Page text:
“To me this story is so real and so true that you don’t need to go out of your way to be provocative,” he says. “There’s a level of balance in that everybody is a little embarrassed, everybody is a little outraged.”


Raising a glass to great imbibers

Do L.A. writers still drink?

Thursday night in the cozy glow of the Bar Marmont, screenwriter Mark Bailey unfurled a detailed dissertation on how writers in different major cities court this most intoxicating of authorial accouterments. Strangely, he was not holding a drink at the time.

(My own observations of friends and colleagues lead me to the conclusion that, yes, many do enjoy a tipple now and then. But only when reading, smoking, despairing, talking, thinking, eating or on deadline.)

The occasion for Bailey’s musings on regional imbibition was a book party celebrating the publication of “Hemingway & Bailey’s Bartending Guide to Great American Writers,” written by Bailey, a TV and documentary writer who’s currently adapting the Michael Ondaatje novel “Coming Through Slaughter” for the big screen, and illustrated by Edward Hemingway, the grandson of one of the most distinguished writer-drinker hyphenates of all time.

Witty and refreshing as one of Fitzgerald’s gin rickeys, the slim tome highlights 43 famous American writers with each short chapter consisting of:

One part personal anecdote.

One part drink-besotted excerpt from the writer’s work.

Half-part short bio.

It’s all topped off with a jazzy drink recipe and garnished with a playful caricature by Hemingway, whose art has appeared in the New York Times, GQ and Gourmet.

The book, of course, includes legendary sousers who were also screenwriters, such as William Faulkner (“The Big Sleep,” “To Have and Have Not”), F. Scott Fitzgerald (“Three Comrades”), Dorothy Parker (“A Star Is Born”), John Steinbeck (“The Red Pony,” “Viva Zapata!”) and Jim Thompson (“The Killing,” “Paths of Glory”). But noir master Raymond Chandler (“Double Indemnity,” “Strangers on a Train”) is the owner and protagonist of possibly the best drunk-screenwriter story ever told, which Bailey recounts in his book.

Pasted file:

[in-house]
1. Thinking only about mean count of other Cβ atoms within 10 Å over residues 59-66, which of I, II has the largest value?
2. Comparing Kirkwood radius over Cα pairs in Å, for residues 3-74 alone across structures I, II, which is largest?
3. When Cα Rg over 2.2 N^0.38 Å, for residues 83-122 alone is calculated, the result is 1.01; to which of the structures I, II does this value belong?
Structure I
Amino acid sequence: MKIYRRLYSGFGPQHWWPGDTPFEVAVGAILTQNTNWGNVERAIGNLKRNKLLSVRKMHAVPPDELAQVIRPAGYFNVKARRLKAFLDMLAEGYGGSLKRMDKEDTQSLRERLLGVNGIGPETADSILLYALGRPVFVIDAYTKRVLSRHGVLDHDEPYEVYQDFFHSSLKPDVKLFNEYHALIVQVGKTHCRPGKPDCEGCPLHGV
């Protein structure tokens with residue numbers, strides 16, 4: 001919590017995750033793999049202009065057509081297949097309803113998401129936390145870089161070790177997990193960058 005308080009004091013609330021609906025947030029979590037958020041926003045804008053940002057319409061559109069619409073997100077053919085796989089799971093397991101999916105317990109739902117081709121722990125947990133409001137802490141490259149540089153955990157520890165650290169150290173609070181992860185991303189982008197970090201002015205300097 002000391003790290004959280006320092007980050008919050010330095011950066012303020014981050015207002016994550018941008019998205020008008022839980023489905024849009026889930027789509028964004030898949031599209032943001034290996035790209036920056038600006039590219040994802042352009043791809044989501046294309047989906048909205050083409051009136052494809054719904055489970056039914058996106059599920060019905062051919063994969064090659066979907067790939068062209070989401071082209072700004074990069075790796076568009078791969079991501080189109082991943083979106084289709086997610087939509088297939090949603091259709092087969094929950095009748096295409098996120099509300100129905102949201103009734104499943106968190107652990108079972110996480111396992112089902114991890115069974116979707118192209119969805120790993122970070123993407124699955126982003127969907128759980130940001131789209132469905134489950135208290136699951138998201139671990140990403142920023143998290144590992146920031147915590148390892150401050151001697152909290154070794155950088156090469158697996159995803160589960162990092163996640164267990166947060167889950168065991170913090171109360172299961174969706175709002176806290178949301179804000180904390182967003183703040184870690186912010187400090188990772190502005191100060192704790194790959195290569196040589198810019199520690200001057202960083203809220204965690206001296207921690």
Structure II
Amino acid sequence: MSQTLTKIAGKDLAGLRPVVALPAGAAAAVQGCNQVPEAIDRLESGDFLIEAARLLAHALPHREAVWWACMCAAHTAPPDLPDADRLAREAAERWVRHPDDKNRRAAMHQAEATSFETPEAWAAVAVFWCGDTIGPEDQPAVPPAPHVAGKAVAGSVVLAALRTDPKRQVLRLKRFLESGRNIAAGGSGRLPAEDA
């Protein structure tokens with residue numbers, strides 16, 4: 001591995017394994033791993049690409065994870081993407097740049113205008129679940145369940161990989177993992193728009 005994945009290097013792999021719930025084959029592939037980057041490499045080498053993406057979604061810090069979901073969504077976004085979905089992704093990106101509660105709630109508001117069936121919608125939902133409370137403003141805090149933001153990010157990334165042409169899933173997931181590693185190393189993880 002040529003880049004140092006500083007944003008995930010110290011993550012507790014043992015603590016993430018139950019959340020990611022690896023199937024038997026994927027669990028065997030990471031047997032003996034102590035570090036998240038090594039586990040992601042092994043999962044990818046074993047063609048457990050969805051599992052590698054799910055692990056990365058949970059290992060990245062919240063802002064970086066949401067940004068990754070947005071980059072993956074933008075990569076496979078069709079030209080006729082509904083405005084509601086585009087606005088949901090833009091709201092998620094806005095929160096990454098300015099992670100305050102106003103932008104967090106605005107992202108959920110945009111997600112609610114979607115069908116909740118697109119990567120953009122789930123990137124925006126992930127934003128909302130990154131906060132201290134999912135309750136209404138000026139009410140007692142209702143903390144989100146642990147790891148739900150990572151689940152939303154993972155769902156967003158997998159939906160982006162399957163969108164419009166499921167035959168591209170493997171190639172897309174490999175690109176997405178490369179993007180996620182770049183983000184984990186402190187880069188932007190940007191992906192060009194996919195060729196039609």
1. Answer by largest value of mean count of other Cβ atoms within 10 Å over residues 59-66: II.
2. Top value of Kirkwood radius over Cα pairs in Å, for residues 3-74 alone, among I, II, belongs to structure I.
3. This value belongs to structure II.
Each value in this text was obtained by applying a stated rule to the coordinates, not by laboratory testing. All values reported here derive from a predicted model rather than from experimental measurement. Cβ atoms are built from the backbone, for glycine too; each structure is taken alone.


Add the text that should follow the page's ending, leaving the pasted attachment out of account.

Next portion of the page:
Beware that merely reading this could induce a hangover:

In 1945, Paramount’s biggest star, Alan Ladd, was summoned back to the war and had only 12 weeks before departure. Chandler, who had a deal at the studio, volunteered to complete a screenplay for a noir he was working on called “The Blue Dahlia” in which Ladd could star with Veronica Lake. But two weeks into shooting, the crushing time pressure and a sudden mandate from the studio to come up with a new ending forced Chandler into a terrible blockage.

In desperation, he told his producer and friend John Houseman that the only way he could finish the script in time would be if he -- a now-sober but once world-class boozer -- selflessly flung himself off the wagon. In a moment of justly canonized screenwriter chutzpah, Chandler persuaded the anxious studio to agree to let him work from home with two waiting limos ready to run script pages, a doctor on call to inject him with vitamins since he wouldn’t be eating, and six secretaries to take rotating dictation 24 hours a day while he drank himself into a perpetual, and theoretically creative, stupor.

Although there are conflicting accounts that claim Chandler had already relapsed and used this whole ruse simply to buy some time, his complete obliteration has never been in question. It certainly showed in the script. According to Tom Hiney’s 1997 Chandler biography, the Production Code originally rejected the script for, among other things, 13 excessive references to alcohol.

Here’s the punch line: Chandler’s screenplay for “The Blue Dahlia” was nominated for an Oscar.

An impressive feat for a man who once said through one of his bare-knuckled pulp detectives: “I’m an occasional drinker, the kind of guy who goes out for a beer and wakes up in Singapore with a full beard.”